The #1 Mistake Founders Make When Seeking Funding

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And how YOU can do it right

Are you a startup founder who wants to learn more about getting access to capital to grow your business? Or have you already gone through a painful process raising capital and want to do it with more confidence, competence, and control the next time around?

If that sounds like you, you’re going to love this post, The #1 Mistake Founders Make When Seeking Funding.  

We’re talking about:

  • What that #1 mistake actually is
  • Why this mistake significantly *hurts* your raise
  • What you start doing TODAY to drastically improve your process

Fundraising has a well earned reputation for being a life-zapping, demoralizing and generally awful experience for many founders.  

Basically, fundraising sucks.

But it doesn’t have to be that way.

The #1 Mistake Most Founders Make

Imagine you’re in a room with a bunch of potential investors.  You’re talking with Ms. Money and she says “I’m really interested in your business.  Why don’t you send me over your stuff and I’ll take a look.”

At this point, most people would jump at the chance to send their “stuff” – their pitch deck, pro forma, and other sensitive company information to an investor.

This is usually the beginning of what might be considered a due diligence process by most angel and seed-stage investors.  For founders this is an exciting green-light and an opportunity to dazzle. On hearing these magical words, founders happily rush home, package up their “stuff” into an email and send it off.  

And that, my friends, is the #1 mistake most founders make.

Why “Sending Your Stuff” Hurts Your Raise

So why is this approach a mistake?

You’re going to meet a lot of people in your raise process, and as the founder it’s your job to manage your process and qualify your investor leads.

When you’re first meeting someone, you have a new connection.  A lead. And while Ms. Money may be genuinely interested in you and your company, they don’t have enough information or connection to you to have a strong vested interest in actually reading “your stuff”.  You can certainly send over that 20-page document, but now you’ve given a new connection homework.  The likelihood that they will actually read it is small, and you’ve given up control of your own raise.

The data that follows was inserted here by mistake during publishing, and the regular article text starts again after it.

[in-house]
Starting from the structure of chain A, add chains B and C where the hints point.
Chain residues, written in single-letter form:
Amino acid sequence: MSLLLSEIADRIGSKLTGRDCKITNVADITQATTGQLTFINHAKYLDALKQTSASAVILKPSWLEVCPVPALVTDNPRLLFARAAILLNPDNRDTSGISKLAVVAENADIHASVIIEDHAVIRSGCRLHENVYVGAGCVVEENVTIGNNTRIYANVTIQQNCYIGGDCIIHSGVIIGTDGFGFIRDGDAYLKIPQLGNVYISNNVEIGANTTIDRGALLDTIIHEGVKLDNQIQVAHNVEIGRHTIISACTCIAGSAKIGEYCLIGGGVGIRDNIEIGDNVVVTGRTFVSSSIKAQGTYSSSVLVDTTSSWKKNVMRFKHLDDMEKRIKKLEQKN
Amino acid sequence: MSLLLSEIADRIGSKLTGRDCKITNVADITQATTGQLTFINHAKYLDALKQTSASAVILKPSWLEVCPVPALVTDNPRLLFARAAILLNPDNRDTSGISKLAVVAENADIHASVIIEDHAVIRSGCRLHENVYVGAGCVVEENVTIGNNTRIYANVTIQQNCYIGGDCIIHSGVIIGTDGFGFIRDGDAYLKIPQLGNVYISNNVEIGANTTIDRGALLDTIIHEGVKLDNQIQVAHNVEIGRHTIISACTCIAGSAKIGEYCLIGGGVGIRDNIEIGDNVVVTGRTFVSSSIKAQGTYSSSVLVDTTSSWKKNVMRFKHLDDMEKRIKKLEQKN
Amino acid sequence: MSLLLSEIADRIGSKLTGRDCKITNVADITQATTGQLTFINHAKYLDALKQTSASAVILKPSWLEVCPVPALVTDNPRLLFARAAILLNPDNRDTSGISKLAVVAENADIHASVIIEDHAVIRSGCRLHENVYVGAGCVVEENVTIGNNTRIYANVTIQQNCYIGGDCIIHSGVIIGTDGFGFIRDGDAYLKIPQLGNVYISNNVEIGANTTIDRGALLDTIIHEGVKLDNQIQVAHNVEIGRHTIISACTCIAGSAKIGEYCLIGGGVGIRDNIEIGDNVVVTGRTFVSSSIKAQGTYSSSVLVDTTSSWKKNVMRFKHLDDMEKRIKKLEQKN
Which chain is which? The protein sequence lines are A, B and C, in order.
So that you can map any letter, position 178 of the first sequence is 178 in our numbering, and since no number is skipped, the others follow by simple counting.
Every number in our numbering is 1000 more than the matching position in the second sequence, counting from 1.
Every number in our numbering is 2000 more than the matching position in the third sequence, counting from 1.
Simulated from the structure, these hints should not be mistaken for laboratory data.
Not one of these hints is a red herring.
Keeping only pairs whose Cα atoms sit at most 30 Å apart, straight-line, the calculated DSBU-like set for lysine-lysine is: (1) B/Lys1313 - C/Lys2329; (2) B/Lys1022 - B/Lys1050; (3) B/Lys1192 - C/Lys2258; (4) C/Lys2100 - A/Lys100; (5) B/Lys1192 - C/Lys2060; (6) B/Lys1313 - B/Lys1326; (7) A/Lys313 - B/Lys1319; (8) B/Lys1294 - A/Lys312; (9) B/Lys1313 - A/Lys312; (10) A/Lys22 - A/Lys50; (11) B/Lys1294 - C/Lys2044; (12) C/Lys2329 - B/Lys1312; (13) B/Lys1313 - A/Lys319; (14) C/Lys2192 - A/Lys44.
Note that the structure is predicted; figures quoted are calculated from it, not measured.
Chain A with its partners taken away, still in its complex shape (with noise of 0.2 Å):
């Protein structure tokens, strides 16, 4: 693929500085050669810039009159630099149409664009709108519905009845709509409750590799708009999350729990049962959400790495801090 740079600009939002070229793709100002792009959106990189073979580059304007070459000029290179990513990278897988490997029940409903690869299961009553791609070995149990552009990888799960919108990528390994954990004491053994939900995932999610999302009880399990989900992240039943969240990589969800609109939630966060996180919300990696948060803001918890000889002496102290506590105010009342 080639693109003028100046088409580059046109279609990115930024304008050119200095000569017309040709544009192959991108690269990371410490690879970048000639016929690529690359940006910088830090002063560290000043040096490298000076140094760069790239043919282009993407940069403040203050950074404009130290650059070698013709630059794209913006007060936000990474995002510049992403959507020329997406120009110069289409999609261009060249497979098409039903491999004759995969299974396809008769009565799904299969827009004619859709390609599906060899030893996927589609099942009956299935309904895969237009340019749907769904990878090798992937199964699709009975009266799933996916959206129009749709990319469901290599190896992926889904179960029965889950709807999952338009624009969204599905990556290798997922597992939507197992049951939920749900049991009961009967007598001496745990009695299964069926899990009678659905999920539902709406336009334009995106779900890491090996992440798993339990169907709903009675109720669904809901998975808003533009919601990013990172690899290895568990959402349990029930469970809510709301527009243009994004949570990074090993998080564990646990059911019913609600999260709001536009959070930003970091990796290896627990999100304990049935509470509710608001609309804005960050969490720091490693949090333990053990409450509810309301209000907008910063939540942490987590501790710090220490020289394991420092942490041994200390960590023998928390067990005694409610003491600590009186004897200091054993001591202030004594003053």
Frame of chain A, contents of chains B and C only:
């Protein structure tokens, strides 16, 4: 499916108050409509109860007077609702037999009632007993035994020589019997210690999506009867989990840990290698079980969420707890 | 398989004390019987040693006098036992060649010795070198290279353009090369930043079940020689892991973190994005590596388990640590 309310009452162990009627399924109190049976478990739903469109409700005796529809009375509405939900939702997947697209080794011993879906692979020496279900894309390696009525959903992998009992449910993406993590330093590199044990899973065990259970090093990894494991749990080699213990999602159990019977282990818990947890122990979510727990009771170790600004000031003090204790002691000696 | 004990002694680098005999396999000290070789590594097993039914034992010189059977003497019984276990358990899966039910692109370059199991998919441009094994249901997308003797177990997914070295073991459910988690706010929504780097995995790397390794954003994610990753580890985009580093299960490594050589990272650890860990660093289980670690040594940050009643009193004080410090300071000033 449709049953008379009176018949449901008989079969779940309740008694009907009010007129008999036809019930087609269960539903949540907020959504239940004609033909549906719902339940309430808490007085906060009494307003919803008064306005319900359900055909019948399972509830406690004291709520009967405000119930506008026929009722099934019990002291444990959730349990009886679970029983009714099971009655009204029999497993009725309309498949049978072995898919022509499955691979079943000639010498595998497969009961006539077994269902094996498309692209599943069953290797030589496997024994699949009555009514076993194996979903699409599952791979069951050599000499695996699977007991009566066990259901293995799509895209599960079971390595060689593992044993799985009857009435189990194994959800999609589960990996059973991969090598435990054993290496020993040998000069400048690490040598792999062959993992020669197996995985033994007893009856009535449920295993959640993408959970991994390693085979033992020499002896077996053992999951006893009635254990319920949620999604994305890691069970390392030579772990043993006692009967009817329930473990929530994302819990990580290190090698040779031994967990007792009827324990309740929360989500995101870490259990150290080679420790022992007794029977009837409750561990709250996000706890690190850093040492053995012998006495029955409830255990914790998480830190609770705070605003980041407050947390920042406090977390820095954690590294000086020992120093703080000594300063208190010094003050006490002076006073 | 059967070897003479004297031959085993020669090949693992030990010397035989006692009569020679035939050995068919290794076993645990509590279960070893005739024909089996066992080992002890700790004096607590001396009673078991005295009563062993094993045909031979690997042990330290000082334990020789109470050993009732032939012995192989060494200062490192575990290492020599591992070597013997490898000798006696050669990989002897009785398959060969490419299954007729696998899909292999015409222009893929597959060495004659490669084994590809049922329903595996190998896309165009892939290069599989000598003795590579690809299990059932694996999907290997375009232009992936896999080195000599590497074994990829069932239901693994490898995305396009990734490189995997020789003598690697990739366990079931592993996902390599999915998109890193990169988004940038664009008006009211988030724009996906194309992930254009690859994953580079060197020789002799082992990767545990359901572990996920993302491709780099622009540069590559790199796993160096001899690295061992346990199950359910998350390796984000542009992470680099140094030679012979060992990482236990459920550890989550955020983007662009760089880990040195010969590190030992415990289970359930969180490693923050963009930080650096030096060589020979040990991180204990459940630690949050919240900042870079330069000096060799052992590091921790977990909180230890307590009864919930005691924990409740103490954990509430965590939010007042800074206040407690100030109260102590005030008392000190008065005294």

Here’s why this hurts your raise:

  • You’ve lost the opportunity to lead your raise in a way that allows *you* to due diligence on potential investors and deepen these new relationships
  • You’ve lost control over who has access to your documents or version control
  • You have no clear way to communicate with potential investors

There’s a better way.  

What YOU Can Do TODAY To Drastically Improve Your Process

So what’s the alternative?  You use a new script.

A prospective investor is excited by your idea and you have an authentic connection.  They say “send me your stuff” but this time you respond like this:

“Wonderful!  I would love to share more information with you about the company and the plan.  

I am in the process of preparing to open my raise and anticipate doing that in the coming weeks.  In the meantime I would love to schedule a brief follow up conversation so I can tell you a little more about the opportunity and find out a little about you.  

I’m working on socializing the offering with a group of investors who will be invited into the due diligence process once open and I would love to include you in that group if it seems like we are a fit for one another.”

This response is a game changer.

Here’s why:

  • It puts you clearly in the driving seat and levels the playing field between you as a professional and the investor as a peer.  (Anyone who is not willing to work with you on these terms will self select out of the process saving you time and eliminating “arrogant money” which comes with it’s own problematic set of baggage.)
  • It signals to the investor that you are a competent manager leading a defined process to raise capital.
  • It makes it clear that you value your offering and the work that has gone into developing a package of information around it, and that information is not available to anyone simply by request.
  • It gives you the opportunity to qualify and aggregate interest in advance of opening the raise which, in turn allows you to build engagement and anticipation leading up to that event.  
  • It puts you in control of who sees your materials rather than having them forwarded to people you have no connection with.  You have access to all the positive, and negative, reactions to your offering within a protected format that is only accessible through a conversation with you.

And most importantly…

  • It is the first step in building the capital network around your business made up of investors with whom you share mutual respect, aligned values and and a willingness to engage in a professional process with a defined schedule and goal.

So now you know the #1 mistake founders make when starting a raise, why it hurts your raise process, and what you can do about it.

The bottom line?  If an investor is not willing to spend 20 or so minutes talking with you as a follow up to their initial interest, it is unlikely that you will be able to elicit the level of engagement needed to get them through due diligence and across the line.  

Better to figure that out early and focus on investors who appreciate your leadership, understand your desire to manage a process critical to your business and respect your desire to qualify them ahead of inviting them to participate in your offering.

All the best,

Sara

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